28 February 2022 by Spencer Symmons
In some ways the Olympics hasn’t changed in almost 3,000 years.
Since its inception in 776BC (albeit with a hiatus), the Olympic Games has seen the world’s most talented competitors vying for sport’s most coveted trophy; originally a wreath, now a gold medal. What’s more, with the origins of the Games so prominent throughout the millennia, the values of Excellence, Respect and Friendship have stood the test of time.
But our ancient Greek ancestors would struggle to recognise the magnitude of today’s iteration and the technological advancements that have projected it to a global celebration of sport, watched by an audience of over three billion people. Getting footage out to this many people is a feat in itself, even before you add the Olympic Broadcasting Services’ (OBS) use of ultra-high definition dynamic range and enhanced audio, captured by 3,600 microphones, at the Tokyo 2020 Games.
OBS also created a virtual 3D model of the sports climbing wall to introduce the Games’ newest sport, demonstrating challenges that the climbers faced and allowing for close-ups of particular sections. And who can forget the Matrix-style replays of the gymnastics? A 4K multi-camera system that simultaneously captured footage from different angles allowed for live 360º rotations of slow-motion replays.
The result? Nigh on half the world watched the Olympics and were captivated by the spectacle. This was poignant because the COVID pandemic prevented fans from travelling to the Games, so broadcast consumption was even more important.
Of course, the Games haven’t always been televised or recorded. Indeed, the first Games broadcast around the world was the 1964 Games, coincidentally also in Tokyo. A collaboration between the Japanese Government and NASA, and the use of satellite technology for the first time, meant that footage was viewed live in 40 countries. A New York Times journalist described it as ‘a triumph of electronic technology that was almost breathtaking in its implications for global communication.’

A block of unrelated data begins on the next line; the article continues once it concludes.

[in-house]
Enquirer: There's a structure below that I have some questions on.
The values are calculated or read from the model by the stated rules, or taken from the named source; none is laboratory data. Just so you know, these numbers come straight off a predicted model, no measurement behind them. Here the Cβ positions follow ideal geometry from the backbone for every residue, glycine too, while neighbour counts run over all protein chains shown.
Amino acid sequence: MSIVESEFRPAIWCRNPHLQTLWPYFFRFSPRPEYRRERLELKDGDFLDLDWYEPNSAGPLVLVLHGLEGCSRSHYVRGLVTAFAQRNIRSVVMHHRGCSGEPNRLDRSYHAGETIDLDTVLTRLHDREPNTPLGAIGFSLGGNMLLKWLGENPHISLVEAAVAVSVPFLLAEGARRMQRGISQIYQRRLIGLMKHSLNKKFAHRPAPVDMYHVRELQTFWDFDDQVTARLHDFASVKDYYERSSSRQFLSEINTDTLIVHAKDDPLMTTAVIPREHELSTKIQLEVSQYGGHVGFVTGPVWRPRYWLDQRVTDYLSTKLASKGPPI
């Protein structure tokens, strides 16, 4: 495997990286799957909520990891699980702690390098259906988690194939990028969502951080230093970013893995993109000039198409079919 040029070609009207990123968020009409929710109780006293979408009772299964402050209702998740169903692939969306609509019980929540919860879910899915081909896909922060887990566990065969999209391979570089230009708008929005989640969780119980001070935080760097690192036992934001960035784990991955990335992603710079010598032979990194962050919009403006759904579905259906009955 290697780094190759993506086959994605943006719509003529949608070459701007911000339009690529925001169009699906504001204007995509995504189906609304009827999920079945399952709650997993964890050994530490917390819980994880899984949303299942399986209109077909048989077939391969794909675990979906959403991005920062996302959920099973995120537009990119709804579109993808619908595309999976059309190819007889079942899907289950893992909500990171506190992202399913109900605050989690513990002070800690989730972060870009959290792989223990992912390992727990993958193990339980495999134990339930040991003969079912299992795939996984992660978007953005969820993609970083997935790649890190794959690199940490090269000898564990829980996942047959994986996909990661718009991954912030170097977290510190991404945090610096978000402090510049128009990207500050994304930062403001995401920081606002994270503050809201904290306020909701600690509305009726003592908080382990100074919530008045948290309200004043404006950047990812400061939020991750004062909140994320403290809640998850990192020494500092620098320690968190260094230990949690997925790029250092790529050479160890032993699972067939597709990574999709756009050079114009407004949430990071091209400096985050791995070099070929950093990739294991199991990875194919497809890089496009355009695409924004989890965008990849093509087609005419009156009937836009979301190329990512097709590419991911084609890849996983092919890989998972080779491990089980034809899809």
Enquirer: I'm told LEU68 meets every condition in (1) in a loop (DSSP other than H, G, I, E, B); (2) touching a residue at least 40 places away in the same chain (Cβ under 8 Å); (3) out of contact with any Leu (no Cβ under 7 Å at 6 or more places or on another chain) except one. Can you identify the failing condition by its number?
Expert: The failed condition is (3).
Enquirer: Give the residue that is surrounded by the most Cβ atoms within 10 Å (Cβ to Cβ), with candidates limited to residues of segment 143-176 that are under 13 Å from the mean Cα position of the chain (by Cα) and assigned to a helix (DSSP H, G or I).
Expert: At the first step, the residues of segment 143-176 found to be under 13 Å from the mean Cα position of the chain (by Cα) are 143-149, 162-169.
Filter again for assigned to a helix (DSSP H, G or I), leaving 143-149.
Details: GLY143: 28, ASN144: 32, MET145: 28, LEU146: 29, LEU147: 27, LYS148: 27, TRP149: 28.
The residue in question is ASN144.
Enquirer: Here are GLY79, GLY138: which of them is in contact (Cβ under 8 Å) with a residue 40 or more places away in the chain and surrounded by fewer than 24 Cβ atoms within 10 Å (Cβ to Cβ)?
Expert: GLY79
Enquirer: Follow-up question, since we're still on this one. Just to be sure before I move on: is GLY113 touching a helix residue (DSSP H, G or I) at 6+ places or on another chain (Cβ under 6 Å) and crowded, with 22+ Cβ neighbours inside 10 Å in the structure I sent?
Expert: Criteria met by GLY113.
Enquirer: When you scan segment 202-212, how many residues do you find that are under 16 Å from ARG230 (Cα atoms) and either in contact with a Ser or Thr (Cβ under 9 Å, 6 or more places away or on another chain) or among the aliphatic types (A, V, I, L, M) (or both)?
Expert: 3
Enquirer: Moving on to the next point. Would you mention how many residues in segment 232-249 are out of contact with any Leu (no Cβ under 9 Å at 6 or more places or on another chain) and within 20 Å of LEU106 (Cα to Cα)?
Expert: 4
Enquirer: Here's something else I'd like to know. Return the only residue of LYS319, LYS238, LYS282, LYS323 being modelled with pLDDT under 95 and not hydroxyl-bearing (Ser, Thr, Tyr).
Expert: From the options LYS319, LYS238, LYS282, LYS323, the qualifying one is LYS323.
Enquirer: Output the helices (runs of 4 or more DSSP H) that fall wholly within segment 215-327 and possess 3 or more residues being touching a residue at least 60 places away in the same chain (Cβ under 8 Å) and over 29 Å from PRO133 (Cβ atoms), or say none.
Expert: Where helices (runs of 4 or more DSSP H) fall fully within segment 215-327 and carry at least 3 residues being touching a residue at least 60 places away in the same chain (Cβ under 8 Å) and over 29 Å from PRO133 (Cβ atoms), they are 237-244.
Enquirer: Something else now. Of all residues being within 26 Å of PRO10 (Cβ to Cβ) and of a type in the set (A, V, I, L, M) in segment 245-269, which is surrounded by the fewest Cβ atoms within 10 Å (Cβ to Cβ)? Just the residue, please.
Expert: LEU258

Breathtaking implications is right; broadcasting rights for the Games have risen from $1.6million in 1964 to north of $4billion for the 2018 Winter Olympics in Pyeongchang, South Korea, and the Summer Games in Tokyo.
Broadcasting aside, over the years the Olympics has not only showcased the world’s most finely tuned athletes, but also its most innovative new technologies. As well as impacting the broadcasting world, the Tokyo 1964 Games was the first to use computers to record statistics and the first to use a quartz clock for timekeeping. Seiko, the Official Timekeeper, then put this technology into mass-production and later brought out the world’s first commercial quartz wristwatch.
In the 21st Century these advancements continue as fast as Usain Bolt hurtling down a 100m straight. Smart wearables that feed athlete data back to coaches so they can monitor peak fitness, sense fatigue, and reduce the risk of injury; artificial intelligence that tracks athlete performance to provide viewers with enhanced data on speed, acceleration, body angles, stride length and more; robots that deliver food and coffee; these were just some of the other new technologies in use at Tokyo 2020. Doubtless it won’t be long before these become more mainstream.
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